# Low Dimensional Systems and Nanotechnology

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Judy Bunder

Overview

Introduction to low dimensional systems: • zero dimensions- quantum dots •one dimension- quantum wires • two dimensions- quantum wells and barriers

low dimensional systems – p. 2/50

Defining low-dimensions

zero dimensions one dimension L ∼ few nanometers W ∼ few nanometers

T

low dimensional systems – p. 3/50

Quantum dots

Fabrication Applications Example of quantum dots as quantum computing qubits.

low dimensional systems – p. 4/50

Fabrication

small crystals (nanocrystals) of one material buried in another material with a larger band gap, e.g., CdSe crystals in ZnSn. Lattice mismatch between substrate and deposited material can lead to quantum dot regions, called self-assembled quantum dots. Doping or etching can provide individual quantum dots. Sizes are typically: nanocrystals: 2-10nm self-assembled: 10-50nm

low dimensional systems – p. 5/50

“ “ “ “ “

Applications of quantum dots

lasers, amplifiers and sensors: zero-dimensional systems have sharp DOS giving them superior transport and optical properties. Solar cells: more efficient than conventional cells. Colour displays: LCDs require colour filters so a large proportion of energy is lost, unlike quantum dots. Cosmetics: some nanocrystals are transparent to visible light but reflect UV light (Titanium dioxide and Zinc oxide) Medical uses such as cancer treatment.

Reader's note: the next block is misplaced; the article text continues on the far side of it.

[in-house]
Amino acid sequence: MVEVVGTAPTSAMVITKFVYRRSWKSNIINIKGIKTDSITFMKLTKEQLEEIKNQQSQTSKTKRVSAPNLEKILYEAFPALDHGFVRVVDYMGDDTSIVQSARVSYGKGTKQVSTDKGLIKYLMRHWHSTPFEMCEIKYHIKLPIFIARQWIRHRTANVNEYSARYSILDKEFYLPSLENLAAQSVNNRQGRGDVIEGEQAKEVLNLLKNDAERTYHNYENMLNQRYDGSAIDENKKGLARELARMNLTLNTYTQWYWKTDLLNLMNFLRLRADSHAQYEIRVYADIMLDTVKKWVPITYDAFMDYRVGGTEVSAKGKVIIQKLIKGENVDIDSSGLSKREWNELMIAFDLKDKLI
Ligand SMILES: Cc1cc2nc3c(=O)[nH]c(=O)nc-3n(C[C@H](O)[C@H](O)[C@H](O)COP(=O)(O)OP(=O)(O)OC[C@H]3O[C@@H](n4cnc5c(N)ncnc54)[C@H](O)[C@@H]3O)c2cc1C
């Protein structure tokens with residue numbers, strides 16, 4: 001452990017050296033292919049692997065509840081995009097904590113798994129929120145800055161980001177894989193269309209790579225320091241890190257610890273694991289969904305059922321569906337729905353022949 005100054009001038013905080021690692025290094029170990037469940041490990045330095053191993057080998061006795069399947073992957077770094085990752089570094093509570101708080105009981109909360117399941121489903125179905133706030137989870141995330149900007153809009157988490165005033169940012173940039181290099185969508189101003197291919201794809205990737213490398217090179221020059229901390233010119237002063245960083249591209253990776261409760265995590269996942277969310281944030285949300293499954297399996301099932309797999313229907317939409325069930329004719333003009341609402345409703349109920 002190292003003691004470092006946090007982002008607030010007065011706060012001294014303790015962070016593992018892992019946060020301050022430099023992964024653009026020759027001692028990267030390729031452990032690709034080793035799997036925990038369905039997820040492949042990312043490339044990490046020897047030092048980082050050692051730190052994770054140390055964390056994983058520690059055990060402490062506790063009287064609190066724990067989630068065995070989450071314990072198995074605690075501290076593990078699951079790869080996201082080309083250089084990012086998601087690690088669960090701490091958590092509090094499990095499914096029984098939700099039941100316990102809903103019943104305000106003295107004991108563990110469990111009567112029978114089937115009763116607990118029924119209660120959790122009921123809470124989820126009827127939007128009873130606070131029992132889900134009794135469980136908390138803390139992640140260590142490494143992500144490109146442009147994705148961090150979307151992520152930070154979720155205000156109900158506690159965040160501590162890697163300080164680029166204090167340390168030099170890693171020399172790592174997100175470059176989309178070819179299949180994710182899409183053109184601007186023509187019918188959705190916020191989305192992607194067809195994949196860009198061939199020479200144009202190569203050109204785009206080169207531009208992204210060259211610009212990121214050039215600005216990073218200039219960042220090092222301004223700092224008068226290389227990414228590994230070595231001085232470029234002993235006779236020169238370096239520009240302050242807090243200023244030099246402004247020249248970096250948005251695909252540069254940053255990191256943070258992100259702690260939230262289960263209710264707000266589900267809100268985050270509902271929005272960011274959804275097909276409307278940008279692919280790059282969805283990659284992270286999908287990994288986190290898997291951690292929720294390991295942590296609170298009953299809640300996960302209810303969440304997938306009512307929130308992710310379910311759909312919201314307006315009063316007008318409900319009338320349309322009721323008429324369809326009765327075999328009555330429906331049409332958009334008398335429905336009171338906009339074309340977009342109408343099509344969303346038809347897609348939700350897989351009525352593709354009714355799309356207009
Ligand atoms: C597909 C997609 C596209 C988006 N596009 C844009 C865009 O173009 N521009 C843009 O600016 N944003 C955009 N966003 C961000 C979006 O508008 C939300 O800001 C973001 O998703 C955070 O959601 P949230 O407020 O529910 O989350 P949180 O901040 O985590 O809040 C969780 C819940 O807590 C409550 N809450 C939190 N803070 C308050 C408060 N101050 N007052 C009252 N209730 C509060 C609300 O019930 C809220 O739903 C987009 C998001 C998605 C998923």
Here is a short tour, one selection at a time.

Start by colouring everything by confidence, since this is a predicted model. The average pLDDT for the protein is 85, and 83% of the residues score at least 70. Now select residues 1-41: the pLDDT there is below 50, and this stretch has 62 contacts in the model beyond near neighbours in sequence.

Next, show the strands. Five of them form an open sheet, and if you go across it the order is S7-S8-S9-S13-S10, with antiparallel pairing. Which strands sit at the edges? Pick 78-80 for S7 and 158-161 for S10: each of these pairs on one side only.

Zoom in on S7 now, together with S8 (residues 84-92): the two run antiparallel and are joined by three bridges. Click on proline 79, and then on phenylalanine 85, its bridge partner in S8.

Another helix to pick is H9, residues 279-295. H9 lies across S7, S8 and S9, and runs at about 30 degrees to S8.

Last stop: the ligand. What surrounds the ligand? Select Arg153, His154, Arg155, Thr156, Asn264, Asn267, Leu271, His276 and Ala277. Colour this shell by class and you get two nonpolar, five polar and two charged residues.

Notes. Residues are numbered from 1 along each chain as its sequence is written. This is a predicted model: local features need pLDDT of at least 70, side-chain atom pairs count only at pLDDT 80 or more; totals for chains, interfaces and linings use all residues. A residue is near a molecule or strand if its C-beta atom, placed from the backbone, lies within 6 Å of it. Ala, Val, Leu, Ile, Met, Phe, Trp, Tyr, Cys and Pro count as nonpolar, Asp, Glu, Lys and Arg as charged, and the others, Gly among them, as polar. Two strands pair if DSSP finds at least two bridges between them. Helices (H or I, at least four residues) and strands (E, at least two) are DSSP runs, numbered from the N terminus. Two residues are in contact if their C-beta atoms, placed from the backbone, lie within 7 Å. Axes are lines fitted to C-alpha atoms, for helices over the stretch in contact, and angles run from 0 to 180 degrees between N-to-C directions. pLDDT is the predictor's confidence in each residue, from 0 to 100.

low dimensional systems – p. 7/50

Medical applications

Medical applications

Quantum computing

Any computation controlled by quantum mechanical processes. Data is defined by qubits (Quantum bits). The 0 and 1 states (0 volts and 5 volts) of conventional computers become |0 and |1 quantum states. Any observable A which has two time-independent easily distinguishable eigenstates is a suitable qubit candidate

low dimensional systems – p. 9/50

Why qubits are better than bits

A standard 3 bit computer can describe one of 8 configurations, 000, 001, 010, 011, 100, 101, 110, 111. A 3 qubit computer can describe these 8 configurations all at the same time,

|ψ = a1|000 + a2|001 + a3|010 + a4|011 + a5|100 + a6|101 + a7|110 + a8|111

N qubits ⇒ 2N configurations. Quantum computers should be vastly faster than conventional computers.

low dimensional systems – p. 10/50

General execution

Initialize all qubits to |0. Run the algorithm. Read each qubit.

low dimensional systems – p. 11/50

General execution

Initialize all qubits to |0. Run the algorithm. Read each qubit. Store the read data. Run the above 4 steps several times and determine the correct solution statistically.

Eg: at the end of the algorithm a qubit has the state

|ψ = 8

10 |0 +

10 |1

The state of this qubit can be read as either |0 or |1, but most of the readings will be |0 so |0 is the correct result.

low dimensional systems – p. 11/50

What can quantum computers do?

Not every type of calculation will be best performed by quantum computers. Simple example- the password cracker

•Find a solution to a problem, where the only way to solve the problem is choose a solution and check it.